Wednesday, September 28, 2011
Wednesday, August 24, 2011
“Things don’t have to change the world to be important.” [Wired, February 1996]
I latched onto this for a couple of reasons. One is that Jobs’ keynotes and persona often come across as ego-laden and overplay Apple’s implementation of existing technologies as “world changing”. I’ll leave that for the fanboys and haters to debate.
The more compelling reason this piqued my interest is that start-ups and the press that covers them (I’m looking at you TechCrunch) are obsessed with how these fledglings will change the world. In fact, there are two boilerplate templates about how start-ups pitch themselves:
1. Start-up X is the Y for Z. For example, YouPud is the YouTube for corporate sexual harassment videos.
2. Startup-up X is changing the world by … For example, MyNicheNetwork is changing the world by creating an online community of people who are left-handed and right-footed.
I think number one is the result of laziness. Not on behalf of the start-ups, but on behalf of the VCs. I would venture to bet that this format was borrowed from Hollywood, where new movie ideas are pitched as similes.
But it’s number two that really annoys me. In fact, it’s why I left YouNoodle in a huff. I got tired of so many start-ups pitching themselves as “changing the world”. Especially when they were targeting a very small niche, doing something that was easily emulated, or just copying another successful company. If you are doing any of these, you are not going to change the world (at least in a positive way).
But even if a company really is doing something new, unique, and innovative, it most likely WON’T change the world. There may be one company in a generation that really changes the world. An you know what, that’s OK. You don’t have to change the world to be successful, to make money, to impact the world.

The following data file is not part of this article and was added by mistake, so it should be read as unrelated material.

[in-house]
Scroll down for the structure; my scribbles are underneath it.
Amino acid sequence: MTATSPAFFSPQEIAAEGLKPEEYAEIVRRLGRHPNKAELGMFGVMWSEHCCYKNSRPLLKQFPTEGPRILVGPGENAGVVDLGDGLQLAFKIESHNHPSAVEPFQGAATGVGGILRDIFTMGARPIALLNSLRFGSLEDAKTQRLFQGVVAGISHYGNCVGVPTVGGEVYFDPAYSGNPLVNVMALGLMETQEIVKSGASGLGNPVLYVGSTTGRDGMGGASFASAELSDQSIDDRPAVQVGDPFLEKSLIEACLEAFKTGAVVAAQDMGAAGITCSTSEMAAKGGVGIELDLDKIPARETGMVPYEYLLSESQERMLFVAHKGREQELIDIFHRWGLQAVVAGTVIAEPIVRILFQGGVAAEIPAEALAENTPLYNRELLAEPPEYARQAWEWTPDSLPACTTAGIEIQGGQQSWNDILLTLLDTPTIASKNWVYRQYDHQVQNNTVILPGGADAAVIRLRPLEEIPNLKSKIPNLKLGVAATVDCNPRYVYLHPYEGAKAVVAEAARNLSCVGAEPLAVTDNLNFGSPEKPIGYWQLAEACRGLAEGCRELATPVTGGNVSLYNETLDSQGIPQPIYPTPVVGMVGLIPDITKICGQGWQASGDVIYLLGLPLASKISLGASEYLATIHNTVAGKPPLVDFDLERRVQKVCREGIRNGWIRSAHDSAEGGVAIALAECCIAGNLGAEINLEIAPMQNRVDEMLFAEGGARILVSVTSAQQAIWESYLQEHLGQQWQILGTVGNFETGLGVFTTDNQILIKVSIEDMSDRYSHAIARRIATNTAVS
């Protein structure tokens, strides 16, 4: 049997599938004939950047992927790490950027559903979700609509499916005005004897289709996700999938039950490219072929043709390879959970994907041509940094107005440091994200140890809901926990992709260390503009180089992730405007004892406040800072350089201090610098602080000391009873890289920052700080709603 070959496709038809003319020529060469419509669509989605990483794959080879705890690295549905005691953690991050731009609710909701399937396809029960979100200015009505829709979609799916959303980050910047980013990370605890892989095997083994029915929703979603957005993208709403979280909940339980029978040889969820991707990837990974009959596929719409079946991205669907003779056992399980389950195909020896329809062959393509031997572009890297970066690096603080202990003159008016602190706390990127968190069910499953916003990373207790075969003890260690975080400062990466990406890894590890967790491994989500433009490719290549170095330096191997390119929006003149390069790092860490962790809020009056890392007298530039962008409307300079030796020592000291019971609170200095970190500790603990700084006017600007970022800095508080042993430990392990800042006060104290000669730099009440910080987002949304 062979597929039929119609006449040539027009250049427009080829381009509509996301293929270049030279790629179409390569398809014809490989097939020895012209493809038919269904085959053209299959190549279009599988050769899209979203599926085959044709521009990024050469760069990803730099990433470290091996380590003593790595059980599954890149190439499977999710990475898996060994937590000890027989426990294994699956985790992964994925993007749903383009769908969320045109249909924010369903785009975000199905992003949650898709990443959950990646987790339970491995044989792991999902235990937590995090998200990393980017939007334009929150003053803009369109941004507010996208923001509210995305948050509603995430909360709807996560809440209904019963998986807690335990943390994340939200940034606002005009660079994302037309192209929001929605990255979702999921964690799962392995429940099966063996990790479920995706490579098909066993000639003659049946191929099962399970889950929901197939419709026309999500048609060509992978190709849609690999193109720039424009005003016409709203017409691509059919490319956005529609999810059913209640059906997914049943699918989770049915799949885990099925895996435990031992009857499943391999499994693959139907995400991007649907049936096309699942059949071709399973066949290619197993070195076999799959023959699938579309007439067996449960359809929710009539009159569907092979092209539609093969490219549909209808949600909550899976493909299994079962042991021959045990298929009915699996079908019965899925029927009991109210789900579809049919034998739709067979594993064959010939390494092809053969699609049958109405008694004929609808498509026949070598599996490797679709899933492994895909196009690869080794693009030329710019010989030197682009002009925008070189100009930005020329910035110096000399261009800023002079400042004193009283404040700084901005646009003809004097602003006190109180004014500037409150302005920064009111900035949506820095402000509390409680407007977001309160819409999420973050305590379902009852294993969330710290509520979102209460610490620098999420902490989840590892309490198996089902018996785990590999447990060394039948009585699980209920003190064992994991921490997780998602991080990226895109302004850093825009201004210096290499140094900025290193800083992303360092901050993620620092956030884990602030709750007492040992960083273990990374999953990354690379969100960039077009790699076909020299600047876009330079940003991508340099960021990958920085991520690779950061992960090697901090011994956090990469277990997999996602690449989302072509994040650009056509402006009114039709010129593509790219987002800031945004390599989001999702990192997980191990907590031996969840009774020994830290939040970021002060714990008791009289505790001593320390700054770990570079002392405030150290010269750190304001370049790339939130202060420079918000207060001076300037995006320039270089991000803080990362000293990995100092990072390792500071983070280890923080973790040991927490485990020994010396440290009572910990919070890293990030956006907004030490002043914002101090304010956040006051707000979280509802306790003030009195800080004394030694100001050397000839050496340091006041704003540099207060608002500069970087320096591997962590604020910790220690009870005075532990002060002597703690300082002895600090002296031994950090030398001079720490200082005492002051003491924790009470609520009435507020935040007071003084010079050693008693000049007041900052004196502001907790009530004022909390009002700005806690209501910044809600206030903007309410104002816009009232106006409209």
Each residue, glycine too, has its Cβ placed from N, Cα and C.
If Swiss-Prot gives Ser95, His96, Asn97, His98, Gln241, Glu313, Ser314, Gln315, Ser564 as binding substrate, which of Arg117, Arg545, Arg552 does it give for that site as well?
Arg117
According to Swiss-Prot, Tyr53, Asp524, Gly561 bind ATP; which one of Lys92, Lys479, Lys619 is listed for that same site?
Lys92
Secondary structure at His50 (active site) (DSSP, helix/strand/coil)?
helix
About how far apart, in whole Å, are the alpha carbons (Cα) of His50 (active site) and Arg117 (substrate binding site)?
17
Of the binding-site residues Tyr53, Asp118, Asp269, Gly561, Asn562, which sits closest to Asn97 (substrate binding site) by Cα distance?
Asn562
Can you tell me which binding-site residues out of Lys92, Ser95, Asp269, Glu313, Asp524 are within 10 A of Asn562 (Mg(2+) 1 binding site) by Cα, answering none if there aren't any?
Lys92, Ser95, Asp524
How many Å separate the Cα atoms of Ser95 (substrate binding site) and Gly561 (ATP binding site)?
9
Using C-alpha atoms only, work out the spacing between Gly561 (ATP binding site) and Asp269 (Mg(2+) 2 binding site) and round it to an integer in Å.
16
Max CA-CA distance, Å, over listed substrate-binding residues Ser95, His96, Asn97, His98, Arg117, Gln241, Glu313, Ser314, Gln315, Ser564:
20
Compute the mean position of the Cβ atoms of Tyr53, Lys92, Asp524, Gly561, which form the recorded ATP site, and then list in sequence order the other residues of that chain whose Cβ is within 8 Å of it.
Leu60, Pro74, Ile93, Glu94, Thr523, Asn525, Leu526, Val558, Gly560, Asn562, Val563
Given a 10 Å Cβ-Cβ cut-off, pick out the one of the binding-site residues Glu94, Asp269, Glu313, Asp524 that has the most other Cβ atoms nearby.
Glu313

Sunday, July 31, 2011
I have been surprised at how capable my iPad 2 has been at content creation. The virtual keyboard and autocorrect are surprisingly efficient at capturing meeting notes, jotting down thoughts, etc.
Over the course of the last few weeks, I have had a Motorola Xoom to play with as well. I have been using both my own iPad and the Xoom at work, alternating which I use at meetings. I’ve been astonished at how much better the iPad is at typing. It’s surprising, given that both keyboards are roughly the same size; actually the Xoom is slightly wider due to the screen aspect ration.
This is far from scientific, but as a demonstration, here are a few sentences I typed out on each tablet. The only corrections were autocorrect. I explicitly prohibited myself from using backspace:
Four score and seven years ago our fathers brought forth on this continent a new nation.
iPad: Four sore and seven years ago our fathers brought forth on this continent a new nation.
Xoom: Four score and seven years avoum our fathers brought fir kn thus continent a new nation.
The quick brown fox jumped over the two lazy dogs.
iPad: Te quickl brown fox jumped over the two lazy dogs.
Xoom: The quick briuwn fix jumlex over the two, az div.
Which is better, the apple keyboard or the android one?
iPad: Wich is heather, the apple keyboard of the andoird one?
Xoom: Which us better the aop,e mdybkarx ir the andkjd kind?
Why does the apple keyboard routinely miss the second letter of a word?
iPad: Why dos the apple keyboard routinely miss the second letter of a word?
Xoom: Why did the aooke keyboard routuneky miss the second letter if the word?
So many words typed on the android keyboard don’t even resemble real words. Why is that?
iPad: So may words tped on the android keyboard don’t even resemble real words. Why is that?
Xoom: So many words tyoed in the android keyboard don’t even resebke real word, why is that?
So far it looks like the biggest problem on the apple keyboard is missed keystrokes.
iPad: So fear it looks like the biggest or Len on the apple keyboard is missed keystrokes.
Xoom: So far t kijs like the biggest lripen in the aooke keyboard us missed meystrijds.
No doubt there are plenty of typos is both. But the iPad performed significantly better than the Android tablet. It also appears that the Android spell-check is a Scandinavian person who hates Apple. In three attempts at typing the word “apple” on the Android keyboard, all three failed. Conspiracy?